A Voice of Sanity in South Africa
A Voice of Sanity in South Africa

A Voice of Sanity in South Africa

January 1 st 1987

When Zulu leader Chief Mangosuthu G. Buthelezi spoke at a recent luncheon meeting attended by some 700 people in Toronto, he was greeted by demonstrators who described him as a traitor and murderer. One chanting protestor wore a mask of Buthelezi and a rubber tire around his neck. It was a chilling reminder of the deadly reality of politics in South Africa.

Buthelezi's speech contrasted sharply with the revolutionary sloganeering of the protestors outside the Hilton hotel. No friend of apartheid, Buthelezi has steadfastly opposed the South African government and has refused to settle for anything less than full recognition of the citizenship of all people in South Africa.

There is good reason to believe that Buthelezi is indispensable to a peaceful settlement of the tensions in South Africa. Buthelezi has advocated a merger of Natal province and the Kwalulu homeland, and the establishment of a bicameral legislature. The first chamber would be elected on the basis of one person, one vote, which would amount to black majority. The second chamber, however, would consist of representatives of the various minorities, who would have veto power over laws affecting language, religion and culture. It seems that some such compromise is preferable to any other alternative.

In his Toronto speech, Chief Buthelezi stressed that the elimination of apartheid is not enough. The struggle is more than a struggle against unjust laws, he said, it is one to establish a legislature which can make just laws. For this reason, he rejects the revolutionary option of the African National Congress, claiming that its members do not aspire to establish a multi-party democracy but to establish their own brand of tyranny. The African National Congress, warned Buthelezi, "wants to establish a one-party state and it wants to establish a socialist-controlled economy."

The current strategy of the ANC revolutionaries is to create as much political and economic havoc as possible in order to destabilize the present order and clear the way for them to take power. They therefore support the destruction of the South African economy through, for example, sanctions and disinvestment. According to Buthelezi, "sanctions may be a very effective way for the West to make moral statements, but moral statements in the West will not suffice to balance the scales of revolution versus negotiation in South Africa." He explained: "Sanctions will radicalize what is already a very volatile South African situation. Sanctions will work to radicalize Black politics and this is precisely why the more revolutionary a Black South African, the more fervently he calls for sanctions. For revolutionaries, the application of sanctions is not the last step in non-violent action. It is a first step towards violent action. Deepening poverty suits the revolutionaries. It undermines non-violent, democratic opposition to apartheid."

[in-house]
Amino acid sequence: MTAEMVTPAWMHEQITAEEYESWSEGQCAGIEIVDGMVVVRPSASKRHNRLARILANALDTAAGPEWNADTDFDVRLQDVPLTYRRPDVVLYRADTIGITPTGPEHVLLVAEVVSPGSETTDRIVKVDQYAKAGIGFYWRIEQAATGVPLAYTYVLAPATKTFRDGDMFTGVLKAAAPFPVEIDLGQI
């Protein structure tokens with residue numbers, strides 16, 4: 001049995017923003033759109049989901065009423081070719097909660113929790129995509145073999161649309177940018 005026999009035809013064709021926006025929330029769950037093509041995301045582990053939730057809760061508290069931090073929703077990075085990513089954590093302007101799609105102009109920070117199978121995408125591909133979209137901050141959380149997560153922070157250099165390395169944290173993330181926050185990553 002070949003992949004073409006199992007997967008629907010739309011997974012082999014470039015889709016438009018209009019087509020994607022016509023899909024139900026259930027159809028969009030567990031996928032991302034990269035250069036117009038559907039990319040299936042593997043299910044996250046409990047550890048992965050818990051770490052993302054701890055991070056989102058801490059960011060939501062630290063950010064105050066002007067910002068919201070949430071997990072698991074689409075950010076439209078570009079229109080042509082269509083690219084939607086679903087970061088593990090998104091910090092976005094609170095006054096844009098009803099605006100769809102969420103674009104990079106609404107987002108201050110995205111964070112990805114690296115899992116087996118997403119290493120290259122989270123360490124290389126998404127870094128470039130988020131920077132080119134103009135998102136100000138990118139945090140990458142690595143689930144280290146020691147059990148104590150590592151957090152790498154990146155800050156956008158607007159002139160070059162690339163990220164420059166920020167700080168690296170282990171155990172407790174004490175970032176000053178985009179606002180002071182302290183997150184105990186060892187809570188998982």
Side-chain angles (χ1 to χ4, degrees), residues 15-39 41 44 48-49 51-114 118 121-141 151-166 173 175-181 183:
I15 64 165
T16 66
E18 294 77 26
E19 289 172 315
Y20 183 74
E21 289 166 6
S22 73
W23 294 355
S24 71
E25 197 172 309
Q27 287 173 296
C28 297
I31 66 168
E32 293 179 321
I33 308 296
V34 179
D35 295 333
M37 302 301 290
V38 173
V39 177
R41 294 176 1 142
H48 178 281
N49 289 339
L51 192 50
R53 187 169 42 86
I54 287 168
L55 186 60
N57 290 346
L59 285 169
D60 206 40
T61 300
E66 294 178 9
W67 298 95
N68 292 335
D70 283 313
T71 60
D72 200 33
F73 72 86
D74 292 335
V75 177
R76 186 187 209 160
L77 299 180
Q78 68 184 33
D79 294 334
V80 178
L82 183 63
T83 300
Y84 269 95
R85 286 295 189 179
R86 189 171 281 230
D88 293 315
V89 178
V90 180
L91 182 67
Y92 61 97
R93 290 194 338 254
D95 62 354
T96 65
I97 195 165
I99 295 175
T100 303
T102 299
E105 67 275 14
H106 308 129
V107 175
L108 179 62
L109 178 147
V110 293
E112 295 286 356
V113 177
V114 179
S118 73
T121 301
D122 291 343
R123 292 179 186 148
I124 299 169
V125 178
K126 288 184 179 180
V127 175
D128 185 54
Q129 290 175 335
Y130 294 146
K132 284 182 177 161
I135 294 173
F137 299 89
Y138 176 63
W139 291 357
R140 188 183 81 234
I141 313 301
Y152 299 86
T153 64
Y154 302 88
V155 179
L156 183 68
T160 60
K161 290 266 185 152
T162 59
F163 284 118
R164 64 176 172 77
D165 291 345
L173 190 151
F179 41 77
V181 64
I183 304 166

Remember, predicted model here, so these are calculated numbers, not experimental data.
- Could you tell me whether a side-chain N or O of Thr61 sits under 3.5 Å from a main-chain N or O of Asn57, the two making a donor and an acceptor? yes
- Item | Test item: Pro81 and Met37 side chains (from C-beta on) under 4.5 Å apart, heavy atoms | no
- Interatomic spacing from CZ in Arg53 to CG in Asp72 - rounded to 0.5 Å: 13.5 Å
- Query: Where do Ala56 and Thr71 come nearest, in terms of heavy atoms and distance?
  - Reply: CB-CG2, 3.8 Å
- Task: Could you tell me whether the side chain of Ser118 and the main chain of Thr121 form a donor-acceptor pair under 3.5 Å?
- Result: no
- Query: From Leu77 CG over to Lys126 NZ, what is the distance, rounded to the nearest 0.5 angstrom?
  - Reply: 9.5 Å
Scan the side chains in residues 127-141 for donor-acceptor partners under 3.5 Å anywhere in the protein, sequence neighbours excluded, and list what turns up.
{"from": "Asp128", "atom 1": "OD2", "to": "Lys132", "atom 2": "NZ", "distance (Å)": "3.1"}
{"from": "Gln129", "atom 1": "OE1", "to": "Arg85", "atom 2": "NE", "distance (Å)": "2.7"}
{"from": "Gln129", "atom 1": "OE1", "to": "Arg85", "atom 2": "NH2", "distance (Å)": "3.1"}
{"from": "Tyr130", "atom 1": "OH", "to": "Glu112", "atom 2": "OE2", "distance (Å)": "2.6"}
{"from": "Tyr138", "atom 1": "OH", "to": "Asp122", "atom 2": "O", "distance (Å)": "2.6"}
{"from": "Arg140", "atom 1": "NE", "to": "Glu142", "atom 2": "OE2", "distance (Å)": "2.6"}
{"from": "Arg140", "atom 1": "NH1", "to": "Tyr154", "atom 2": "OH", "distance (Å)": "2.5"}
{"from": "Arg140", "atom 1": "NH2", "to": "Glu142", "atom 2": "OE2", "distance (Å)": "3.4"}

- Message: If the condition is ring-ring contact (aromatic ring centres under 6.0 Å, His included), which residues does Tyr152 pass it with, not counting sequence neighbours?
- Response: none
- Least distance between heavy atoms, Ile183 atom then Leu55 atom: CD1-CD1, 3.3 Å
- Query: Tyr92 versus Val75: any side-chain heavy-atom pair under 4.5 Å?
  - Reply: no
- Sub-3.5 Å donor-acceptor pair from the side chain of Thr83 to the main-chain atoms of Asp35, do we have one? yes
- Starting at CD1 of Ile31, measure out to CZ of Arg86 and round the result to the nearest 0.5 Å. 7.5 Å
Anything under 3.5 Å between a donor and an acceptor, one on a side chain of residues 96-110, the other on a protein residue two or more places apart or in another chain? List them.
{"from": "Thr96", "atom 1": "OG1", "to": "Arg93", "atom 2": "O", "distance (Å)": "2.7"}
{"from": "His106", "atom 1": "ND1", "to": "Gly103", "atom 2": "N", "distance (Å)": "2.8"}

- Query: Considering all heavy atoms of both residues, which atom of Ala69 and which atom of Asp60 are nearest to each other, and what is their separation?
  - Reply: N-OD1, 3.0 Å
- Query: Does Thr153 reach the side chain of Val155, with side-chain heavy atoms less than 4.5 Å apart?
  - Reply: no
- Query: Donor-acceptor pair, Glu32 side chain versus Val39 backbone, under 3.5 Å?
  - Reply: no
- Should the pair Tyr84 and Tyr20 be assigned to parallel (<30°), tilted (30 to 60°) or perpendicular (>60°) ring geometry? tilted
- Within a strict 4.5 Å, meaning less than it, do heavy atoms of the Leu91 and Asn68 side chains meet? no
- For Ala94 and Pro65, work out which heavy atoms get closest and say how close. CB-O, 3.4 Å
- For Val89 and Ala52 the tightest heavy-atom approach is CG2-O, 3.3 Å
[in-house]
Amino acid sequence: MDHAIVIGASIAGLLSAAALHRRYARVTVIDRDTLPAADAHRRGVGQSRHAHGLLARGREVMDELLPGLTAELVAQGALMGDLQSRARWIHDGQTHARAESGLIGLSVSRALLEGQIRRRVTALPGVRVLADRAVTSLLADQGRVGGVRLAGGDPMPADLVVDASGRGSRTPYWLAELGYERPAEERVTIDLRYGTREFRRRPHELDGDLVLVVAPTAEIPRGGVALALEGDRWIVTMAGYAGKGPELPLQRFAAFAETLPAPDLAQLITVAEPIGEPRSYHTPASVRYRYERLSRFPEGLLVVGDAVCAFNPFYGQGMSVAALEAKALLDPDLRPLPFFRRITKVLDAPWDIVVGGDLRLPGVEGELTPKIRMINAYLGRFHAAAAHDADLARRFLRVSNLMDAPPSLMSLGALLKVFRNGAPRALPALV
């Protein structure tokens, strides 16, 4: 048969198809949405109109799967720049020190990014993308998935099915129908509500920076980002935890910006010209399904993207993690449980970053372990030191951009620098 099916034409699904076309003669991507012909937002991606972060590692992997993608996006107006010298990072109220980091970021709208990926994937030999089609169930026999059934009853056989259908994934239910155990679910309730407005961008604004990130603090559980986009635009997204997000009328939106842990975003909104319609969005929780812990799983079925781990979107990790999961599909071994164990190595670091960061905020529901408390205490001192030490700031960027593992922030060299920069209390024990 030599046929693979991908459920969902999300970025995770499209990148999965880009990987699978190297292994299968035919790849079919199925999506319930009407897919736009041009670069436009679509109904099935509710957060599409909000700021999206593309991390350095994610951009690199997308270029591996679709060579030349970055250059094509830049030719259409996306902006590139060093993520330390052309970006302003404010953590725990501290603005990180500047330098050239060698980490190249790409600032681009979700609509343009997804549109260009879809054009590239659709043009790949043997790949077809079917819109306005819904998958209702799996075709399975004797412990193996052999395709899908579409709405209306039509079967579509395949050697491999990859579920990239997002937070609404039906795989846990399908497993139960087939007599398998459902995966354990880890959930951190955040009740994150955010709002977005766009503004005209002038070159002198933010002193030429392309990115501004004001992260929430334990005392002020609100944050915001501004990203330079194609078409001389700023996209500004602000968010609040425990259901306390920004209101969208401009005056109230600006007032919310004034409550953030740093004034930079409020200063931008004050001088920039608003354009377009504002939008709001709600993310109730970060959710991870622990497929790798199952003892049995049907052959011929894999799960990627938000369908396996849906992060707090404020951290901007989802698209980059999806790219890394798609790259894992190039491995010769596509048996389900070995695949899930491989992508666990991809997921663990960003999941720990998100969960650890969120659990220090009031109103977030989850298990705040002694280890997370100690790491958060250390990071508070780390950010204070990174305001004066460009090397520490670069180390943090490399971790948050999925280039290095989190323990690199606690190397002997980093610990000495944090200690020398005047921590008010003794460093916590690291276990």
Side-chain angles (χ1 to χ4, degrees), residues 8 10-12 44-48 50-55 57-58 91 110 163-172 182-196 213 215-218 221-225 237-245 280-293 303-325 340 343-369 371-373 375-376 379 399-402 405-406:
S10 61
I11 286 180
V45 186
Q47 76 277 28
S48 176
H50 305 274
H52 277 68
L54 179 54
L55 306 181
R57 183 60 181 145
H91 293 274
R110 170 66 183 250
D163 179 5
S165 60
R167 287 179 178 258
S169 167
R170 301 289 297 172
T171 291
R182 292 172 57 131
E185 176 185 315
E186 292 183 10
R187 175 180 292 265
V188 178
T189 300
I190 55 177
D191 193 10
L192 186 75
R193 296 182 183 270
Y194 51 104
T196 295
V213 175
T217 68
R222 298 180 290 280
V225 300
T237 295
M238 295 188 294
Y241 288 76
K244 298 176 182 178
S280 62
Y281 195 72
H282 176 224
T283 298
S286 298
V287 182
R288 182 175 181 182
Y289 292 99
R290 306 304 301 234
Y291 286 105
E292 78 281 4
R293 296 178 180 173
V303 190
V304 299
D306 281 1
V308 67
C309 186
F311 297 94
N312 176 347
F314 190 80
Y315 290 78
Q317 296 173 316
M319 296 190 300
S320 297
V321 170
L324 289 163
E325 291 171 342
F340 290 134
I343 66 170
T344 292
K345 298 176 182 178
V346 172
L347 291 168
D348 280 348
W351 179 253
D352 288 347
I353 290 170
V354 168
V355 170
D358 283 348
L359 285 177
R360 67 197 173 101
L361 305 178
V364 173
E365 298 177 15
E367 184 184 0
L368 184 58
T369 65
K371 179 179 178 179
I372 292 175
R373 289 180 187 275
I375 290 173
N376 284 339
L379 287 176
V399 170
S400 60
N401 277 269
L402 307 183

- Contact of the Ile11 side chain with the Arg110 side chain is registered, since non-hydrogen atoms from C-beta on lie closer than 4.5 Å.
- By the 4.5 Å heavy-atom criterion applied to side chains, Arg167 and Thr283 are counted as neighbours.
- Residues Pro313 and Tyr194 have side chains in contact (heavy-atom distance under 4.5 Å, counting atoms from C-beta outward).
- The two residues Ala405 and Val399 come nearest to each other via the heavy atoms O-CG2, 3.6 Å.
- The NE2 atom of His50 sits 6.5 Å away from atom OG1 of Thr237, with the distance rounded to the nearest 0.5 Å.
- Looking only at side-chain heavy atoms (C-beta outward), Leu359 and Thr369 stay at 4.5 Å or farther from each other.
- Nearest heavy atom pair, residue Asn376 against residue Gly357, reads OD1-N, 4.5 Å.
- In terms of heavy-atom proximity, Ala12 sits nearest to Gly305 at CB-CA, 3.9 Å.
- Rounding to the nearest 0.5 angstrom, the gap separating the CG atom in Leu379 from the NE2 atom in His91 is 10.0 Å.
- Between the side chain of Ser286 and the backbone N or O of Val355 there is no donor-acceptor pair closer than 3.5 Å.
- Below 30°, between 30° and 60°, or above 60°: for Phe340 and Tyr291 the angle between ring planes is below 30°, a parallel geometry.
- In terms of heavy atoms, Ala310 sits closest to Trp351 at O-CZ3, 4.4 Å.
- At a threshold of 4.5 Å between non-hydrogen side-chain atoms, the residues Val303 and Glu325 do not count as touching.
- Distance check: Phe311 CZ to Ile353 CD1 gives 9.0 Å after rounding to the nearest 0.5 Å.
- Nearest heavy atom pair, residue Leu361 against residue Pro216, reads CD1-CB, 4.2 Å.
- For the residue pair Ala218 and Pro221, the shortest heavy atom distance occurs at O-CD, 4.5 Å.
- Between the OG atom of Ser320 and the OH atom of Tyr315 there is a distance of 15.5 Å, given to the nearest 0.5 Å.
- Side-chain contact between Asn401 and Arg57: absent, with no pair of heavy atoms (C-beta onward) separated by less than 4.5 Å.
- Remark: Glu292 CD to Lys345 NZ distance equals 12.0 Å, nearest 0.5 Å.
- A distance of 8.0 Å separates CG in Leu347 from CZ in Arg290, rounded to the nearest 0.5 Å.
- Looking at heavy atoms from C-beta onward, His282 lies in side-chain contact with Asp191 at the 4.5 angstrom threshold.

If the West neglects to heed the moderate and sensible advice from this spokesman of the largest single black race in South Africa, it will be coresponsible for the bloodshed sure to follow the ANC's alternative.

Harry Antonides
Harry Antonides

Harry Antonides came to Canada in 1948, initially working as a farm hand and railway labourer. After over a decade working in a chemical plant in Sarnia, Ontario, Harry joined the newly forming Christian Labour Association of Canada (CLAC) in 1962 as a field representative. By 1970 Harry became director of research and education. In 1974, he was a founding member of the Work Research Foundation (now Cardus) and publisher of their sole publication, Comment magazine. A prolific writer and dynamic speaker, Harry delivered lectures all over North America and published numerous articles, reviews, and essays. He is author of several books on Christianity, labour, and economics, including Multinationals and the Peacable Kingdom (1978) and Stones for Bread: The Social Gospel and its Contemporary Legacy (1985). Harry is retired and lives with his wife Janet in Willowdale, Ontario.


Download and Share Articles From The Comment Reader

An introduction to Public Theology for the Common Good

Want more of the same fresh, thought-provoking content delivered right to your inbox once a week?